I do not reject technology.  I propose we use it to deepen our contentment with what we are — individuals within a material totality — not to run from it into a world of illusion.  Part of contentment, of course, is the commitment to equality among us for access to the goods of the earth.  Knowing who we are and how we are related to our source and sustainer is what I mean by religion.  I believe such a radical reformation of religion would transform the way we organize our life on this earth — an earth which gave birth to us and to whose limits we remain forever bound.

10 comments on “Autogenic Disease (II)

  1. Brian Coyne says:

    Tony, brilliant. Thank you. If you have not seen it also read Dr Peter Vardy’s article on the philosopher Peter Singer in Eureka Street [“Theologians should face Peter Singer’s challenge” LINK1 below] that James drew attention to on Catholica a short while before your post [LINK2 below].

    What worries me is, as you wrote, “I am convinced that very few people realize this [the argument you are making about our inherent ‘material’ nature and incapacity to avoid death] and there are even scientists and technicians that work with matter’s properties everyday among them.” As a website publisher, I find myself torn constantly to try and attract a wider readership — where a lot of this philosophical talk flies right over the heads of the many — and what I see as the critical importance of these sort of discussions for our collective future.

    Is the critical function of religion to “protect the faith of these little people against the power of intellectuals” — as suggested by Benedict Ratzinger [LINK3 below] — or is its critical function in society to push back the boundaries in understanding where we came from; where we are going to; and what it all means? Is religion, or spirituality, primarily some emotional activity we humans engage in to feel nice or comfortable about ourselves, or is it a quest ultimately for knowledge — an understanding about ourselves and our world — and through that we ultimately learn to find comfort or live at peace with ourselves, and with our neighbours and the world about us? To borrow another great phrase from James, the “John Howards in frocks” [LINK4 below] might suggest that it is not the role of “the many” to think, that’s what the “men in frocks” are paid to do. The role of “the many” is to be entertained like small children and to simply obey their betters.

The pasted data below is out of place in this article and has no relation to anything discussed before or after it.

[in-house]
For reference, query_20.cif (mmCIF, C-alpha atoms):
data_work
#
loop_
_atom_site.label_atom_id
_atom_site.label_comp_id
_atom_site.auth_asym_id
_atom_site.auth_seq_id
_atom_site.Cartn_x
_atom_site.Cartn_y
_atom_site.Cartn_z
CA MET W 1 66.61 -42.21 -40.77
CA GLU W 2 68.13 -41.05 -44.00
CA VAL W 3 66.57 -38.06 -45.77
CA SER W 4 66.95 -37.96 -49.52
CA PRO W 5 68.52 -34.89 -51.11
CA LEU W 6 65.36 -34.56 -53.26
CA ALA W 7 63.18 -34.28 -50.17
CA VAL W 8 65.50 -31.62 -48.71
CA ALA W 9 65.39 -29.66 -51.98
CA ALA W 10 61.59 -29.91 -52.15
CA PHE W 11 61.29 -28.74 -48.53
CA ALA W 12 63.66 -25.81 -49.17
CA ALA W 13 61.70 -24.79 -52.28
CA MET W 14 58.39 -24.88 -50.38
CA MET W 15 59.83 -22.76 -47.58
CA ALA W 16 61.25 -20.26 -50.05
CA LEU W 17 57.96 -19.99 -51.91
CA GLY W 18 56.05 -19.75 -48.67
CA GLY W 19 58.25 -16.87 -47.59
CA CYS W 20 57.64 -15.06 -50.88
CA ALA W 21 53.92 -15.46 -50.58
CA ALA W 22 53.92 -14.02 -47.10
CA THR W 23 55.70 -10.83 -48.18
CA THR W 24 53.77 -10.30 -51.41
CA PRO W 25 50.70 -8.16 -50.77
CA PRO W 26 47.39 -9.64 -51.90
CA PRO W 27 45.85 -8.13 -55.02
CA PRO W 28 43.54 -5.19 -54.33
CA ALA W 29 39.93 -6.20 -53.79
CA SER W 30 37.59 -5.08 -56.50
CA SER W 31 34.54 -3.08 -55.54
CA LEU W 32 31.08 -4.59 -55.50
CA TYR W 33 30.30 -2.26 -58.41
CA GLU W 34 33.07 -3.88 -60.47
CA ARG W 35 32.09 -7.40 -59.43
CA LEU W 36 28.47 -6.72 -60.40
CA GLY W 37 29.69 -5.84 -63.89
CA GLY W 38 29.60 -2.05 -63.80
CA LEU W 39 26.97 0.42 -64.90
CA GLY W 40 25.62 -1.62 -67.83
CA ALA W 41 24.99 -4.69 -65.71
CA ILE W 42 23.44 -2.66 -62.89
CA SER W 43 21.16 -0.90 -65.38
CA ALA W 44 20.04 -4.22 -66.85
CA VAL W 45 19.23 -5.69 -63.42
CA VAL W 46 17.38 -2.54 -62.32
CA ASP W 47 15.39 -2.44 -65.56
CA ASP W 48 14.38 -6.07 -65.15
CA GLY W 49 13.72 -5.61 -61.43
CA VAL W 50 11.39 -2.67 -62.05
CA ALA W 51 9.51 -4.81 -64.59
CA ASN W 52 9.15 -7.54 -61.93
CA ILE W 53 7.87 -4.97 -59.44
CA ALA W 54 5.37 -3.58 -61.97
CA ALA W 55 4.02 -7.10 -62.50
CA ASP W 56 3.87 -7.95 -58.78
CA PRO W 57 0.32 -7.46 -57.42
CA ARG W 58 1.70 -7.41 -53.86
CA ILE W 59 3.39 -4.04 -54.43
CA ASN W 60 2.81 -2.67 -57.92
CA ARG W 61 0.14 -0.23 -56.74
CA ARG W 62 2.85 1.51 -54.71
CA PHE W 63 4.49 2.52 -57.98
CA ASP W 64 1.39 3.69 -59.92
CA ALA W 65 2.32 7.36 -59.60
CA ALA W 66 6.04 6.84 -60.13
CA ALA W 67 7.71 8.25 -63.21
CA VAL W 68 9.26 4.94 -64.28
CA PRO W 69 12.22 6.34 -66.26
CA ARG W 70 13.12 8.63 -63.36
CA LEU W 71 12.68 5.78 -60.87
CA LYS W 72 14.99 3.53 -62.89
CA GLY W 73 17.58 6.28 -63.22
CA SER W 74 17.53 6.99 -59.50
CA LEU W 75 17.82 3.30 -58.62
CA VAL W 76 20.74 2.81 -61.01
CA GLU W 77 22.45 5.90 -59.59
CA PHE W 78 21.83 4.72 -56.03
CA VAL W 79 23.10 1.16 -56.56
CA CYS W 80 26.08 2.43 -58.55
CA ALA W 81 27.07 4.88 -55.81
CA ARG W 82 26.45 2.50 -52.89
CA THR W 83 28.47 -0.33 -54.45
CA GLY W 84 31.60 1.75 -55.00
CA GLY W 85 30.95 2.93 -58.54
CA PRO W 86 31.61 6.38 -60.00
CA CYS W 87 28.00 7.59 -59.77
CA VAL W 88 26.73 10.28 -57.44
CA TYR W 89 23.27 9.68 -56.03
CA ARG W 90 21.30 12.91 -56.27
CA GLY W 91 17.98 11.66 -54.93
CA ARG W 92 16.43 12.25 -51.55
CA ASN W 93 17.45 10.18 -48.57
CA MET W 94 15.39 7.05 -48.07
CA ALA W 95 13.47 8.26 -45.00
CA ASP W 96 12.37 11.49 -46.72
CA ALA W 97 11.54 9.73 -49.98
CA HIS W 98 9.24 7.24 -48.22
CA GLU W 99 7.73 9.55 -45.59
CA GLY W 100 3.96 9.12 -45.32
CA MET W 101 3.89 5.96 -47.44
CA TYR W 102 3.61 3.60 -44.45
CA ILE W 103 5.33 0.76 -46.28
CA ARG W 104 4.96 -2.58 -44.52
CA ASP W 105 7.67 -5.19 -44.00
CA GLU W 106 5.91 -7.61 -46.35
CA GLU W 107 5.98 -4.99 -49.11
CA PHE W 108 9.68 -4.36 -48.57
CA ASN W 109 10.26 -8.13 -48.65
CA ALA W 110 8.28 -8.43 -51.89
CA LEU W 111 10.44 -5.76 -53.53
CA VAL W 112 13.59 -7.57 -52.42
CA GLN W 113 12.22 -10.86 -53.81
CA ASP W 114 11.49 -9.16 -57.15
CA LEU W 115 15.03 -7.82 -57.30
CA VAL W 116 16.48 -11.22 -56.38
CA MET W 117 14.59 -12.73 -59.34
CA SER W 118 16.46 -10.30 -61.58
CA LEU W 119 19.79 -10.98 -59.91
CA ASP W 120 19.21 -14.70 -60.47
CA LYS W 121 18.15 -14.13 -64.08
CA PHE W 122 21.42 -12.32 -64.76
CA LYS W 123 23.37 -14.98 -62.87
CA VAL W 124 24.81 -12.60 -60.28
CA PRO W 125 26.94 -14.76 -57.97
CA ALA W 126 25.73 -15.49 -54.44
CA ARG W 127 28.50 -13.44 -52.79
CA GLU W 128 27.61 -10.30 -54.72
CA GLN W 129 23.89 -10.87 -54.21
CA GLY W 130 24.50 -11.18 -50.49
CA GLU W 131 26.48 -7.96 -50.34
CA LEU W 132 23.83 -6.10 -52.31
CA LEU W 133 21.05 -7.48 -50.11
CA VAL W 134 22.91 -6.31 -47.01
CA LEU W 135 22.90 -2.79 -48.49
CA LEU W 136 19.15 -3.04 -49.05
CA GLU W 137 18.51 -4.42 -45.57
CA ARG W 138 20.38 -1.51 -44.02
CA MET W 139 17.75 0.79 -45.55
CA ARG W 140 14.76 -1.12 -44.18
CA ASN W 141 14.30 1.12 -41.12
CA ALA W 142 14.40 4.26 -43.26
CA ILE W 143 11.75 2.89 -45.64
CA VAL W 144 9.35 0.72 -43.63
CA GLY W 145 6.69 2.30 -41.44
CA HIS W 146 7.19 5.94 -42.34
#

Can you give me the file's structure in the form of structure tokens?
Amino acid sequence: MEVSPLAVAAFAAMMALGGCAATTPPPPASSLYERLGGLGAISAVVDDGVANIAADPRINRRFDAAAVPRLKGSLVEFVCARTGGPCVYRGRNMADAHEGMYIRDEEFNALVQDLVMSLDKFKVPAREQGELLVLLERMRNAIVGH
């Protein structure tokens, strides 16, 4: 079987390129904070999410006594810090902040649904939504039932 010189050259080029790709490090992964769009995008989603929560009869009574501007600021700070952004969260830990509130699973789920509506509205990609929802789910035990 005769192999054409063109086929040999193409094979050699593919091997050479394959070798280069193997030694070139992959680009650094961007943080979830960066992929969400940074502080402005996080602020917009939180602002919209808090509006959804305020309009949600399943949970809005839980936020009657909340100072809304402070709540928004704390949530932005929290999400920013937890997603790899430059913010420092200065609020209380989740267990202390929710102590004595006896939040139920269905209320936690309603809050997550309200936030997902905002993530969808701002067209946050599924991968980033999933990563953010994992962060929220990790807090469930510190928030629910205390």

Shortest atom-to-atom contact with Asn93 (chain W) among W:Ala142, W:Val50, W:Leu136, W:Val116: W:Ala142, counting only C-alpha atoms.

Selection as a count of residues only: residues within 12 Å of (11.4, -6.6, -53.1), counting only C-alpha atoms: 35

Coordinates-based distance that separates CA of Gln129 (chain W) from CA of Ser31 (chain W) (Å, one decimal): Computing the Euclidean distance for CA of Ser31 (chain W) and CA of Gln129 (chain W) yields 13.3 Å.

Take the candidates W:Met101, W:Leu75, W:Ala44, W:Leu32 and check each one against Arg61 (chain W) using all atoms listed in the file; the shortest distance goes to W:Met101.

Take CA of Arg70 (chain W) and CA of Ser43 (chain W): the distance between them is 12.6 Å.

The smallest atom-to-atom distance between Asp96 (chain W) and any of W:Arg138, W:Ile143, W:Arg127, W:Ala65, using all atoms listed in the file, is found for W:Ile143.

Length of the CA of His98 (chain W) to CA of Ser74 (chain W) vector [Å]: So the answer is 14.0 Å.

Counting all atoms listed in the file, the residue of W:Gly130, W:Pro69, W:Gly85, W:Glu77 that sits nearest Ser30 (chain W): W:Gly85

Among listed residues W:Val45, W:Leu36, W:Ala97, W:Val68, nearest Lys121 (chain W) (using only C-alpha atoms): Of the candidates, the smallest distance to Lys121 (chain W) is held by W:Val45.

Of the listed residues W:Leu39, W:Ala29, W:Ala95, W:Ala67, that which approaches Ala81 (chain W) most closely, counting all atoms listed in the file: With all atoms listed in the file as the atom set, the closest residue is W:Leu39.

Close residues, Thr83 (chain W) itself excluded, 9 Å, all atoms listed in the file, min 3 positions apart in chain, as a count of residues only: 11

Personally, I am far from convinced that there is no Creator-God — some intelligence that thought this whole thing called “life, the universe and everything” up, including the Laws of Science, Nature and Fundamental Physics. But I am coming to the conclusion that we have invested far too much energy in only thinking of the Divine or the Spiritual in that form. The “God”, or “Spirit”, that increasingly matters to me, is located constantly in front of us rather than way back in the ancient past. I ponder if “the God or Spirit” that really matters is some manifestation or concept of the aspiration or hope we collectively all harbour in our hearts and minds for some perfection of our being and some perfection of our world, and the sort of society we’d like to inhabit or build? And saying that I can already hear “the men in frocks” proclaiming “your problem, Coyne, is that you think too much. You’re dangerous, just like that Equale bloke is dangerous for the souls of the little ones.”

    Might I also draw attention to the quite extensive discussion on Catholica that Part 1 of your essay generated:





    • tonyequale says:

      Thank you, Brian. I wanted to post part 2 before commenting.
      It would seem that learning to be grateful for what we have been given — whatever that may be — is the essence of eucharisti’a. We hardly have a choice. But that’s the way of peace.